Furthermore, dozens of fuel and human traffickers are taking part in the fights in Tripoli. Cameras have caught their participation in the conflicts, including the internationally sanctioned Abdulrahman Milad, aka “Al Bija”, in addition to Al Kassab’s group, including the group following the also internationally sanctioned Ahmad Al Dabbashi, aka “Al Ammou”.

The trafficker Al Bija (red), the Tripoli Fighting Axis leader Firas Al Selougui a.k.a. Al Wahshi (the Savage) (black). May 2019.

One of these traffickers is Salem Al Maktouf, who appeared a week ago at an iftar (Ramadan evening meal), accompanied by leading trafficking baron in Zawiyah, Ali Al Shalladi, aka “Al Bawarji”.

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The two appeared together on a number of occasions and have a network that stretches from Zawiyah to Zuwarah, Al Jumayl, and Regdalin along the Tunisian border and across the mountains to the south—all the way to the Nalut and Wazen crossing.

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International Warning

Towards the end of April this year, the Special Envoy to the United Nations High Commissioner for Refugees for the Central Mediterranean, Vincent Cochetel, stated that almost no migrants have left Libya since the conflict broke out. The EU asked the Government of National Accord (GNA) not to deal with terrorists, traffickers and wanted individuals. However, these calls seem to fall on deaf ears, observers say.

Cochetel tweeted on Thursday that, “it is remarkable to note that in spite of the war in Tripoli no boats with migrants & refugees are leaving.”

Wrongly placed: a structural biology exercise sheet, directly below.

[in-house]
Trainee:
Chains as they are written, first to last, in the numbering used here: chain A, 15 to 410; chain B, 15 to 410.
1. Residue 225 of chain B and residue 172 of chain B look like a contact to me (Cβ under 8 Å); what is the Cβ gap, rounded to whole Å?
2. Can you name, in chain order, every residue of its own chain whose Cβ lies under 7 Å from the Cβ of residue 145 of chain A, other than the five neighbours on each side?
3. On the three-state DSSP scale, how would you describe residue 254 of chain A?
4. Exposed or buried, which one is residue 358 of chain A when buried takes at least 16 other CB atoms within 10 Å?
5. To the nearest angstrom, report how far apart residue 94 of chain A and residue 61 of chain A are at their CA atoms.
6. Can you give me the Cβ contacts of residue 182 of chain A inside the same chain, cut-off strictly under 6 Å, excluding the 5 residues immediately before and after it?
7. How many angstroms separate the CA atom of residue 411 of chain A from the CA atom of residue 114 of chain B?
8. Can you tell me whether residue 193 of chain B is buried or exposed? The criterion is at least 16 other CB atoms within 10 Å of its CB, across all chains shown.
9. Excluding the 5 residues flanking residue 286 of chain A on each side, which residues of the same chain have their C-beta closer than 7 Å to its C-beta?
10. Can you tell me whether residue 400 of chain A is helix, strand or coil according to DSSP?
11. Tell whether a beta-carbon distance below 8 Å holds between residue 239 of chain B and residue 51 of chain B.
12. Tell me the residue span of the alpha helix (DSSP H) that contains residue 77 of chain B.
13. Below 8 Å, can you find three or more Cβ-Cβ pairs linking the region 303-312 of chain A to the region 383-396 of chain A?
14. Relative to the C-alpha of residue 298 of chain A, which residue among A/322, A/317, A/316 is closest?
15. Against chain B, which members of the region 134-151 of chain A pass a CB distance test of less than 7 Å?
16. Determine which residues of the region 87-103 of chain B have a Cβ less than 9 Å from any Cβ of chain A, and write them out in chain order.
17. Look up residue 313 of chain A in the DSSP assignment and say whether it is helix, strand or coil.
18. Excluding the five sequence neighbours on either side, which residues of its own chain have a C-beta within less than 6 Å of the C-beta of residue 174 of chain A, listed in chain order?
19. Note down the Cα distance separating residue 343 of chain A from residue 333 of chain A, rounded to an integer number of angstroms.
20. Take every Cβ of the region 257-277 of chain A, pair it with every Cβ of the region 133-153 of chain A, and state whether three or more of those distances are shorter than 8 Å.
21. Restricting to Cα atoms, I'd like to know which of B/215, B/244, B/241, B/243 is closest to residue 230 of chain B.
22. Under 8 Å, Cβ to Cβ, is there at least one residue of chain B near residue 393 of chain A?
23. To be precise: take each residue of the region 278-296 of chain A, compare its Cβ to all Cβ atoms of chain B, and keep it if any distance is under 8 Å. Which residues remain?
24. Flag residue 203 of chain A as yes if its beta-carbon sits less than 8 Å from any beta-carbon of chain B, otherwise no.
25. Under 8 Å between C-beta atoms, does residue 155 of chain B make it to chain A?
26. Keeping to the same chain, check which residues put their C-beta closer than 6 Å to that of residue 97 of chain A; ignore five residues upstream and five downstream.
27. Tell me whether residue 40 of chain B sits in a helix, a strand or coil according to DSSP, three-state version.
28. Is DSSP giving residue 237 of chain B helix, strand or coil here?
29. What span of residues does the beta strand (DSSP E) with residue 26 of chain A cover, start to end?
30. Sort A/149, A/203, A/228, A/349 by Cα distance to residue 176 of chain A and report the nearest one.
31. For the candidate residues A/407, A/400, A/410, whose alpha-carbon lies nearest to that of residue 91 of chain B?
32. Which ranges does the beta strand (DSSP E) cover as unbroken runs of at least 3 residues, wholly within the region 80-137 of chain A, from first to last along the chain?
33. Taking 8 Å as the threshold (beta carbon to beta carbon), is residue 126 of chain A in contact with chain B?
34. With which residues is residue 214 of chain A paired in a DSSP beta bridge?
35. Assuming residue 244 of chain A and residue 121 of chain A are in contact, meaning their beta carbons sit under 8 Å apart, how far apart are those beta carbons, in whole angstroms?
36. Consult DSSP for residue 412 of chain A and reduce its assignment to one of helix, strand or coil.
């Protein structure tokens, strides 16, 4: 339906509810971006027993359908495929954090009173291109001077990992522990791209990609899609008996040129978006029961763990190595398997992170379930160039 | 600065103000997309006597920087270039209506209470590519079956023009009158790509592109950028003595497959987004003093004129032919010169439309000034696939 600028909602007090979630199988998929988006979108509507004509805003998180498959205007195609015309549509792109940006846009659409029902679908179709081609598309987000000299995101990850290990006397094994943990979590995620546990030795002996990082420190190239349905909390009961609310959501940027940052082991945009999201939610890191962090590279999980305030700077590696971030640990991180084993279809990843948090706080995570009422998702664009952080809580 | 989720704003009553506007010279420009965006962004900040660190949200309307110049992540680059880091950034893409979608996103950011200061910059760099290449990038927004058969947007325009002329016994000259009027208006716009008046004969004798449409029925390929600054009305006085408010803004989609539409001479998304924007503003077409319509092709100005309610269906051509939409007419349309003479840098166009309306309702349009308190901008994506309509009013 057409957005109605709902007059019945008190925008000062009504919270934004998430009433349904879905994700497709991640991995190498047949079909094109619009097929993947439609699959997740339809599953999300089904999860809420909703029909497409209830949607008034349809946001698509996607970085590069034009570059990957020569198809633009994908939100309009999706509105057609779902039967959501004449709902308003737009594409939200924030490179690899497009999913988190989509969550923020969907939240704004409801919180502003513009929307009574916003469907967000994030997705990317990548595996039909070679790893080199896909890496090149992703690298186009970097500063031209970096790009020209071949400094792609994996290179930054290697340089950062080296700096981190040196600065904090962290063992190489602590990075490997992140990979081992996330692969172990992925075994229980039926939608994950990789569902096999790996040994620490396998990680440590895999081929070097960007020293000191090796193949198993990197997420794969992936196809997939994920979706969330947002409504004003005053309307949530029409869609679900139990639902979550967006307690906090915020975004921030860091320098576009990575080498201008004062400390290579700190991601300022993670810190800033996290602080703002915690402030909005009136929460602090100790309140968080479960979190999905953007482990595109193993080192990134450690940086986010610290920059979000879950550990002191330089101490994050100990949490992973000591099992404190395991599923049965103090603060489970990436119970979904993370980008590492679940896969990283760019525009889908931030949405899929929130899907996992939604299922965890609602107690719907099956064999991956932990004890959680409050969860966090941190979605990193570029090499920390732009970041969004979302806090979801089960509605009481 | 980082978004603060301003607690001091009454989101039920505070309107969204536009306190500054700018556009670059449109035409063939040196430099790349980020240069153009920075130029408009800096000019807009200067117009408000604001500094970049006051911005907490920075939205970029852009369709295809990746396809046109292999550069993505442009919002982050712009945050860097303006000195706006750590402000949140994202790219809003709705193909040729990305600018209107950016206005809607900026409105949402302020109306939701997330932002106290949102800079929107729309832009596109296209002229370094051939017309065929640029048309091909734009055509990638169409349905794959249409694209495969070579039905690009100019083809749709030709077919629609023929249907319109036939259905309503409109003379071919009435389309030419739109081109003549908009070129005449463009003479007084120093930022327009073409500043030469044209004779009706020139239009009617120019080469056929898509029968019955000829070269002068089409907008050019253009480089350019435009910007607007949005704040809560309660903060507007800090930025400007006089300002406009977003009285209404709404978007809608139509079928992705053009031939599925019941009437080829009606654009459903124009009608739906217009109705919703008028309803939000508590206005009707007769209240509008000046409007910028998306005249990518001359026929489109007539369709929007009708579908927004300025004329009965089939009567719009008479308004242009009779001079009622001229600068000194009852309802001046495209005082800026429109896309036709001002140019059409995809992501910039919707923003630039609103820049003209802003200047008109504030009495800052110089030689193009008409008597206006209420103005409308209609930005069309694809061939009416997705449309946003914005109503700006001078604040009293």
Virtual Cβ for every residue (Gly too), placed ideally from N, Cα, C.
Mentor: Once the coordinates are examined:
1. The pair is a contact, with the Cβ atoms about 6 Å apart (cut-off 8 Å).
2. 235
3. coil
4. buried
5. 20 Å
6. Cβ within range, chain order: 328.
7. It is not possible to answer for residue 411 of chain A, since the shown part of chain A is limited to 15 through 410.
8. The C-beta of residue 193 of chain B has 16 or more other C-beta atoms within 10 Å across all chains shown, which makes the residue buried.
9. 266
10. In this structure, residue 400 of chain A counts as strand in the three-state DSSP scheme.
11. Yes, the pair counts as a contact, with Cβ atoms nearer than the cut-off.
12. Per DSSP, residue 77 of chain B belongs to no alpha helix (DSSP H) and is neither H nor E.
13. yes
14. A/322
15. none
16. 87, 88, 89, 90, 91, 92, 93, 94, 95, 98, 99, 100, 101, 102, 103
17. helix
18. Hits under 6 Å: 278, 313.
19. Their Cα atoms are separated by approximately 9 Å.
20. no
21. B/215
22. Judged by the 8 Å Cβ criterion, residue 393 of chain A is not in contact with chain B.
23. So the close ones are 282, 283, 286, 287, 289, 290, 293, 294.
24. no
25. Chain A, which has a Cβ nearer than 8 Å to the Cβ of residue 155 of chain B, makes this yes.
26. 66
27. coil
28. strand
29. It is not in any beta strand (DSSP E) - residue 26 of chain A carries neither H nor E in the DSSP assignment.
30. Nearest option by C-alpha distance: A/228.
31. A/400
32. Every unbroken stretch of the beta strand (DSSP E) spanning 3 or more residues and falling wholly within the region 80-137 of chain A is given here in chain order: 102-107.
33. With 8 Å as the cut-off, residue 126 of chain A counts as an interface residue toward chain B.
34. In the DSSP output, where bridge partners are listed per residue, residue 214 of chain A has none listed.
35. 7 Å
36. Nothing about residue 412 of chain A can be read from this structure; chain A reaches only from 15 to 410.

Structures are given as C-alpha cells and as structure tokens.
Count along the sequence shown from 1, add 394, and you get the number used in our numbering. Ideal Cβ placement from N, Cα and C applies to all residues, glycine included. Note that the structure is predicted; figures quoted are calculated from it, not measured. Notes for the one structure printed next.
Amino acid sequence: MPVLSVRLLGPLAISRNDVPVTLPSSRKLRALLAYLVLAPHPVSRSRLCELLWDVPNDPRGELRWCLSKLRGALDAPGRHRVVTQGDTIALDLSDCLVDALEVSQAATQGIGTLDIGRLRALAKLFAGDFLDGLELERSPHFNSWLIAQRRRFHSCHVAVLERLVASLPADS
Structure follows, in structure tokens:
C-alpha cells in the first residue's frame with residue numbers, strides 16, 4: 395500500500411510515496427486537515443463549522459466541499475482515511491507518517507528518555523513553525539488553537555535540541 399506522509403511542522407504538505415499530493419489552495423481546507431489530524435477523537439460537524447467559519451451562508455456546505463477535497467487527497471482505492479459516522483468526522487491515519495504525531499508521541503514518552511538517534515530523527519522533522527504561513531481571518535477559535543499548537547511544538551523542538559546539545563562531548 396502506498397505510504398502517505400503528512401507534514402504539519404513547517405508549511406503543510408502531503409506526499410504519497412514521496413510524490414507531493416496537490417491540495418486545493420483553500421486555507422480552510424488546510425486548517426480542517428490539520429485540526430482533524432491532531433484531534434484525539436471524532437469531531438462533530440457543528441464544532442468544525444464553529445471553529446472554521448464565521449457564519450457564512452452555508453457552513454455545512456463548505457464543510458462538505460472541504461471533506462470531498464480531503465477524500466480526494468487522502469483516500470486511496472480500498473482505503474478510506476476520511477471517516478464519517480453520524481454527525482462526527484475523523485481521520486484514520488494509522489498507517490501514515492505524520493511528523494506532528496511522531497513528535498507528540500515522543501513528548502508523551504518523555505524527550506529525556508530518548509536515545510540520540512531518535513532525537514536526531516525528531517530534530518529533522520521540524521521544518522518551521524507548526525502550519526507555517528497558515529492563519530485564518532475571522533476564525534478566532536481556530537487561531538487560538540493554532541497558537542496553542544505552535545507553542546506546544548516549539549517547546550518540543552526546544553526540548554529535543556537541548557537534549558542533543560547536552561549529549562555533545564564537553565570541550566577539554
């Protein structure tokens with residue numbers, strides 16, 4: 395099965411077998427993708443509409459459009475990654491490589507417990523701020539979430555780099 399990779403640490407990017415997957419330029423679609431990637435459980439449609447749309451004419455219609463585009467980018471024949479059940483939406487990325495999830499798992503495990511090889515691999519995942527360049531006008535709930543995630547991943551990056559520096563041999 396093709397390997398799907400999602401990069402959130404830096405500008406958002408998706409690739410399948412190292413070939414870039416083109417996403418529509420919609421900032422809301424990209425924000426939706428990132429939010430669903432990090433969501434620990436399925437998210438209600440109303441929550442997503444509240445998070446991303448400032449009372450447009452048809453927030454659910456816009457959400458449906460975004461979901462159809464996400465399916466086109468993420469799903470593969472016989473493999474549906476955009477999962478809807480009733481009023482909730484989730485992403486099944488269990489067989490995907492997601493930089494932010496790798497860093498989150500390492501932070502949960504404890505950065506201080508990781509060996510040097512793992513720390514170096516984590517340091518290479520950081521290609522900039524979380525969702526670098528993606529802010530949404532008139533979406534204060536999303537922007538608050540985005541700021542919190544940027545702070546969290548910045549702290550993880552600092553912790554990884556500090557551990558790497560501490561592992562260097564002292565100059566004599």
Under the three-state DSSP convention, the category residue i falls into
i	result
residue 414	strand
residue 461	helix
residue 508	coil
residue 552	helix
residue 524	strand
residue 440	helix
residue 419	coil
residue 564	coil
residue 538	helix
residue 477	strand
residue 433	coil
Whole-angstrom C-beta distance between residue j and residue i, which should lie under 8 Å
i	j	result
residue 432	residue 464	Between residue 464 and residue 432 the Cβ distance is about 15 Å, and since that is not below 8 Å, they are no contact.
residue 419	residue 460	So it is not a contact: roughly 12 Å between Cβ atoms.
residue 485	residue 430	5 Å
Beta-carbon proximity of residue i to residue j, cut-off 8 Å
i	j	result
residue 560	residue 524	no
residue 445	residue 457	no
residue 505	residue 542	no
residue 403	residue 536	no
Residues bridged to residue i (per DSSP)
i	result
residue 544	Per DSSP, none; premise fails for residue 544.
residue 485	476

The same UN official explained this by the fact that the “militias known for their involvement in human trafficking are too busy fighting for their survival.”

He concluded his tweet posing the question: “Who let them operate before in total impunity?” referring to them fighting now for GNA despite the atrocities they committed, with the thousands who have drowned in the Mediterranean Sea over the last few years.

Satellites see what the government does not

Finally, satellite images, via the last update of Google Maps, unveiled dozens of hideouts and storage caves for fuel in Al Hararat south of Zawiyah and in the regions of Batten Al Jabal, Nalut and others. These maps showed dozens of tanks in all of the aforementioned sites, in addition to fuel residue on the soil and storage locations.

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ALMARSAD documented in 2017 one of the operations of fuel smuggling routes from the west, starting at Al Zawiyah Refinery through the Western Mountain to the assembly, discharge, and filling point in Al Juwaybeyyah region near Nalut, and from there to Tunisia.

The storage sites are known among traffickers as the “bocas”, which consist of concrete holes dug in the ground that are used for discharging a truck into another mobile tank or to a ground tanks known as a “jabiyah”, as it looks like the jabiyahs (water ponds) used in farming.


Here are satellite photos and maps of these locations south of Zawiyah, Zuwarah, Batten al Jabel, Nalut, and others:


© Al Marsad English. 2019.